Intense, challenging and morally questionable are not usually words used to describe an enjoyable night out at the theatre, but this is a story set around the hideously macabre African HIV/AIDS epidemic and drug trials.
Bad Blood Blues, a truly thought-provoking two hander penned by British playwright Paul Sirett, is back for a whistlestop encore season at Chapel on Chapel. The Loft Theatre is a great choice – the intimate space and deliberately stark set allow the audience to focus on the story yet still remain at enough of a distance to objectively observe and question the characters.
In an unidentified African country, foul-mouthed Aussie academic Clare (Glenda Linscott) is conducting a double-blind trial to test the effectiveness of a cheaper drug on HIV-infected pregnant women that could reduce the infection rates of their unborn children. Working in the same hospital is Patrice (Blessing Mokgohloa), a young administrative assistant who approaches Clare under the premise of improving his English in order to study in the United States. Under any other premise their friendship and subsequent relationship detours would have been quite unbelievable. Middle-aged Clare is well travelled and well educated, yet fails to see how her dedication to her work at the expense of all else in her life may have put her in an ethical double-blind situation of her own. Seemingly naïve and gentle, Patrice gradually, then fiercely, assumes the role of top dog.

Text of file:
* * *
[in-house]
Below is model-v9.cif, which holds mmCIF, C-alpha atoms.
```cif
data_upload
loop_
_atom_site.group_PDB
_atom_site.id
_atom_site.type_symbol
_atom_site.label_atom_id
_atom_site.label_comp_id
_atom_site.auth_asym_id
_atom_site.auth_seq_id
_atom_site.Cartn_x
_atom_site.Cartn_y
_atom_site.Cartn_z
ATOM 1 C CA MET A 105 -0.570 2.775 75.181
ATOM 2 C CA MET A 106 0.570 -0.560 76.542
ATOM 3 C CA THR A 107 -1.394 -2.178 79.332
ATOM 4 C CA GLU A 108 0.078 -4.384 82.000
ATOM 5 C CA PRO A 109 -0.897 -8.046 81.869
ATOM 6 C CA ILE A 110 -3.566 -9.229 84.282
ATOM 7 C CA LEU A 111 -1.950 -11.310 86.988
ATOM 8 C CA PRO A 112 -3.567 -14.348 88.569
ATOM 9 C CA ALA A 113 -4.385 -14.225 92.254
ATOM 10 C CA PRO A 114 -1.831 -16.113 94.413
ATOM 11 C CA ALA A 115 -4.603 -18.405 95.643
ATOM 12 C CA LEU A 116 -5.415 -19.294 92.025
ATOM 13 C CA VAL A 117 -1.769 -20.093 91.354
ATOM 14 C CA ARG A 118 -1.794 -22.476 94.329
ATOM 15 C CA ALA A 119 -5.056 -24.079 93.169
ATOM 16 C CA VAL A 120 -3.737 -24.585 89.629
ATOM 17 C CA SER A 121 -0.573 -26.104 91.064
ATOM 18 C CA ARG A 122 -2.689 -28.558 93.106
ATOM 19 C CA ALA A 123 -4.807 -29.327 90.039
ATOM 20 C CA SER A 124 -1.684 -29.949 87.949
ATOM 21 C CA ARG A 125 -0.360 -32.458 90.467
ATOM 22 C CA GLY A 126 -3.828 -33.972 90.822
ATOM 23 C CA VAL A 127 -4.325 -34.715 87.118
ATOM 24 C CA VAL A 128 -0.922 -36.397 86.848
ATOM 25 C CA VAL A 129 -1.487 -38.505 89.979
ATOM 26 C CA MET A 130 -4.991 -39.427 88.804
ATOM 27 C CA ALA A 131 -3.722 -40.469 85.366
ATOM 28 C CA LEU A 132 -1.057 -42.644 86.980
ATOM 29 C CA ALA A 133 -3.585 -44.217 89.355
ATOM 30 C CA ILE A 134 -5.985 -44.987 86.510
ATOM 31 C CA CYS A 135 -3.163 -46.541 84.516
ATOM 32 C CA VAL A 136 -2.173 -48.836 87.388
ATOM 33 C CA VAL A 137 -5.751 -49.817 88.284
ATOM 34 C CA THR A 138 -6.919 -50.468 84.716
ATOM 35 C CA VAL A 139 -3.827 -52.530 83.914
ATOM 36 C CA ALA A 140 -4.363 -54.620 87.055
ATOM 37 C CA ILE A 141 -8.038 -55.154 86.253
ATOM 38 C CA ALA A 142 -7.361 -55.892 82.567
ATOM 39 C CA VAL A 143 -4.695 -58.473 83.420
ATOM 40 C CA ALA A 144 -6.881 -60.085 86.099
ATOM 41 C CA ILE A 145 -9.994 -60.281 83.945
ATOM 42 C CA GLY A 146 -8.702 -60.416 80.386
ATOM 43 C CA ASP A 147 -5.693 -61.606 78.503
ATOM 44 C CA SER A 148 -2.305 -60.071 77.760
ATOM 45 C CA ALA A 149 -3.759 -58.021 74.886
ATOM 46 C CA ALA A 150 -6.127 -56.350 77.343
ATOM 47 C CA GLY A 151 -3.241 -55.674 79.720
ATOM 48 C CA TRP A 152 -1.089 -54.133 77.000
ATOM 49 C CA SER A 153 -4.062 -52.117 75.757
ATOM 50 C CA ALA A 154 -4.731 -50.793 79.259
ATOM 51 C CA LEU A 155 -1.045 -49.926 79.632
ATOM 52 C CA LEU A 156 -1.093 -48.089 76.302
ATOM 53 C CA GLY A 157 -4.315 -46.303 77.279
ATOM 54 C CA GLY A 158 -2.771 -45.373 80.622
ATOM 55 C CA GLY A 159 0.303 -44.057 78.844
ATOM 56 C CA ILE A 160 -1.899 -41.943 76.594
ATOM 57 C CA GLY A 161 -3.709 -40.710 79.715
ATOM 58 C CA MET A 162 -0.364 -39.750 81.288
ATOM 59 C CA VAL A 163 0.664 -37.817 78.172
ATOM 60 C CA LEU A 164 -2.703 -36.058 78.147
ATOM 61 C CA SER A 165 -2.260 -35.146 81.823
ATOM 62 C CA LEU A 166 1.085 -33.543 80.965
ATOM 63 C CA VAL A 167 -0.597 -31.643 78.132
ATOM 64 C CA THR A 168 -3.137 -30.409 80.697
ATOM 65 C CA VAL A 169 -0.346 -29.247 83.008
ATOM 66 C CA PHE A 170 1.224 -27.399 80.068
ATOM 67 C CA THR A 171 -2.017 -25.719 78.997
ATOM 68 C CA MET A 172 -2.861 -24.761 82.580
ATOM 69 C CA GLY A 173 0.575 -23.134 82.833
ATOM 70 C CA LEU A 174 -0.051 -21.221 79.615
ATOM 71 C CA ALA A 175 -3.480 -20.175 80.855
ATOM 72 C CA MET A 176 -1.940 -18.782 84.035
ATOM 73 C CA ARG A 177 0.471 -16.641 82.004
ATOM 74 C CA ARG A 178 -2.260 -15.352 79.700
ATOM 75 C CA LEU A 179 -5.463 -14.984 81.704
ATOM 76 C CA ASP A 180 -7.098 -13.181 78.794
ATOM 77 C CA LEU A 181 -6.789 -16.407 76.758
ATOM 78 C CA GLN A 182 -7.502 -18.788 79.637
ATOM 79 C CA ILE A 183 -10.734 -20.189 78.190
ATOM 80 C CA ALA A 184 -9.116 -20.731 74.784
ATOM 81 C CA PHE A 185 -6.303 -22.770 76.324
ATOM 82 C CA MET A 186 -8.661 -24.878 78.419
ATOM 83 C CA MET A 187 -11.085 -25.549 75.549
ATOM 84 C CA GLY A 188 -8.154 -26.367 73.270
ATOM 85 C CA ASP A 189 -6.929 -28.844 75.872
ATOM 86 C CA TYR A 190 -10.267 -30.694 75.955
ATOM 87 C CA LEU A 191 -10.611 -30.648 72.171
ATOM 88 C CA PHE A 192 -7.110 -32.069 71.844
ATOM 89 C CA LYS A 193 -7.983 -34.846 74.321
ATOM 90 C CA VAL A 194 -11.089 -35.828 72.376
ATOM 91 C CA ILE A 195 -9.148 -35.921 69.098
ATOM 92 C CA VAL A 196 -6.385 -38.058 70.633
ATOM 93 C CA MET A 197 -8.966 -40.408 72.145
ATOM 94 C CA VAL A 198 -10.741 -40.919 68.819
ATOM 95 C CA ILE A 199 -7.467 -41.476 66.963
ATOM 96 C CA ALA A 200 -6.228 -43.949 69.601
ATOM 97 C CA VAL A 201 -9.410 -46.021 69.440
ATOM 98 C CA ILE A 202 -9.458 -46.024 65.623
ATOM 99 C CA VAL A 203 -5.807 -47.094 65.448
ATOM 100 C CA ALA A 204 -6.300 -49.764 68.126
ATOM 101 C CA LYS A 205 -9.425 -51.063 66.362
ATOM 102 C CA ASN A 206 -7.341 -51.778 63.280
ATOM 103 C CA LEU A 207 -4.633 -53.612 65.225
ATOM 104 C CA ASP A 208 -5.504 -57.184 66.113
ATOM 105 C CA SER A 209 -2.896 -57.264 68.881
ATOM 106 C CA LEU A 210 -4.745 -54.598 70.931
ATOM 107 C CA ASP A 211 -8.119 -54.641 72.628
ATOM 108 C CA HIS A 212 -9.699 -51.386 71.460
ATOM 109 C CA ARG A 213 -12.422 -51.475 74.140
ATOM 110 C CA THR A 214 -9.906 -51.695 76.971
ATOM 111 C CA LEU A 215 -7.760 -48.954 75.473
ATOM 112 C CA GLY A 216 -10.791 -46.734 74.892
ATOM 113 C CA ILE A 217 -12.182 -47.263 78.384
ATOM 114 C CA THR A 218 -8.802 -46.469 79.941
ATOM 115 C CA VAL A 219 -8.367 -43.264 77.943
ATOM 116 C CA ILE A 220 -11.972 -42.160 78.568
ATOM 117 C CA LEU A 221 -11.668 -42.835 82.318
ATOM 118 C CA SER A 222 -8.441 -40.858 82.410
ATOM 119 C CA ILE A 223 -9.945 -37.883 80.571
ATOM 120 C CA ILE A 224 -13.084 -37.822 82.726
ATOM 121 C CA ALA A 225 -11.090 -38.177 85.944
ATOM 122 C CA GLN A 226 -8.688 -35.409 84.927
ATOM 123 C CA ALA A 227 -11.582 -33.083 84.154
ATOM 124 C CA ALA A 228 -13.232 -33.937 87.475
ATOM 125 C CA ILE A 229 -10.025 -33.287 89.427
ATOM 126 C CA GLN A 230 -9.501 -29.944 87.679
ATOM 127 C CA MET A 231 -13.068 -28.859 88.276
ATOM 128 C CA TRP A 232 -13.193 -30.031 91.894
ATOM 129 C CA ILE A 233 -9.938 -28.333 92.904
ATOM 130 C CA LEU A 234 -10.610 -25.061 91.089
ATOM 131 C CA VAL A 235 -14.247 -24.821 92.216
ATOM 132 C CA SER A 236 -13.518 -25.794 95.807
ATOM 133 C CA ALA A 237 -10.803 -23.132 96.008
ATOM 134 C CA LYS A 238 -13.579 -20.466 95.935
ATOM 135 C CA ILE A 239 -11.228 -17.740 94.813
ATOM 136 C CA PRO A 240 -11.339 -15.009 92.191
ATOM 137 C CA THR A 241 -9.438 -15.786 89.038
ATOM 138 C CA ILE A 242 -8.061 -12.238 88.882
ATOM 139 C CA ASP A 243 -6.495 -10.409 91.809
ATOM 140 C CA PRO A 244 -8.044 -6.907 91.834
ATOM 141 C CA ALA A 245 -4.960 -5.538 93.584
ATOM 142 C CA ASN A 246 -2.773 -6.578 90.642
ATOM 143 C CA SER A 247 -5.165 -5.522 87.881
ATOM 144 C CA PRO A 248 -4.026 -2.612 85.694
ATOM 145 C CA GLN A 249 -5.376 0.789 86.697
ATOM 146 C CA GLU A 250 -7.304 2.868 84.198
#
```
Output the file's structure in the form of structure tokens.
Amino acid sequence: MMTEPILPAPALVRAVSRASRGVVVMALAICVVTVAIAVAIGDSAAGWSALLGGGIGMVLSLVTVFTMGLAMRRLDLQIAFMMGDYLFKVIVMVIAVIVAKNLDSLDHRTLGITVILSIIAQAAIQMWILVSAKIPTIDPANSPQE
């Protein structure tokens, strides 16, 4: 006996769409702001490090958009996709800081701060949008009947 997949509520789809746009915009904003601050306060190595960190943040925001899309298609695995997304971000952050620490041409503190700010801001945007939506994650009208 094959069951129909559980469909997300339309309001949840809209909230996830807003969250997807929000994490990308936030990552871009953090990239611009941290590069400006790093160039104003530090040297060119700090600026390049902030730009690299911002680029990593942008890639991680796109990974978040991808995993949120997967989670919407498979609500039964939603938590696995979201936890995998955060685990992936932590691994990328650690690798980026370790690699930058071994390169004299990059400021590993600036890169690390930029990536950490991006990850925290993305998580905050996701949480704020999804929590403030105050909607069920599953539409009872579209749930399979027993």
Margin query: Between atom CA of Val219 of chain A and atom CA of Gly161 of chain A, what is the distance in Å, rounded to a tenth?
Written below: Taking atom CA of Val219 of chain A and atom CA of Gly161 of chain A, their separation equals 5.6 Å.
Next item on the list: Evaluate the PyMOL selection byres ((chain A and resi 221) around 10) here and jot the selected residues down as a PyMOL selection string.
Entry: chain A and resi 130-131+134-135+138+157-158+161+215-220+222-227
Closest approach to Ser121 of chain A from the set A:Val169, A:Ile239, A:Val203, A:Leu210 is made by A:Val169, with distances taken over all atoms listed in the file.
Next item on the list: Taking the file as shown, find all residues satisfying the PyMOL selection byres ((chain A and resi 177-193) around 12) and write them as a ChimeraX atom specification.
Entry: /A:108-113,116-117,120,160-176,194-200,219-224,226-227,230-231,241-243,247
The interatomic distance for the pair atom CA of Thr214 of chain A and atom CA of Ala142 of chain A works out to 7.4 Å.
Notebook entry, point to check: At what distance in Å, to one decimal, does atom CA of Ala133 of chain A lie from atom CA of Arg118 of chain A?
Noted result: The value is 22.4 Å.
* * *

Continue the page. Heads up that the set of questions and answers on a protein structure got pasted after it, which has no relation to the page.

Prior to taking our seats upon entry, African-born musician David Marama’s tenderly played guitar and the relatively placid introduction to the characters belies the challenging and confrontational storyline to come. The script cleverly links the personal and political motivations of the two characters though Patrice’s true impetus is left unresolved. Initial questions about the characters and their story are rapidly answered and then immediately replaced by moral questions that can’t be easily answered or dismissed.
Thankfully the musical interludes and lighting changes during each scene provides a break from the ethical morass of the script – though we do appreciate the cleverness as the play becomes progressively darker and more discordant at each step.
Carefully directed by Christopher Parker and skilfully acted by the two protagonists, the emotionally charged script rollicks by at a lighting-fast pace. Your mind will continue churning the ethical and moral dilemmas presented by the Bad Blood Blues long after you leave the theatre.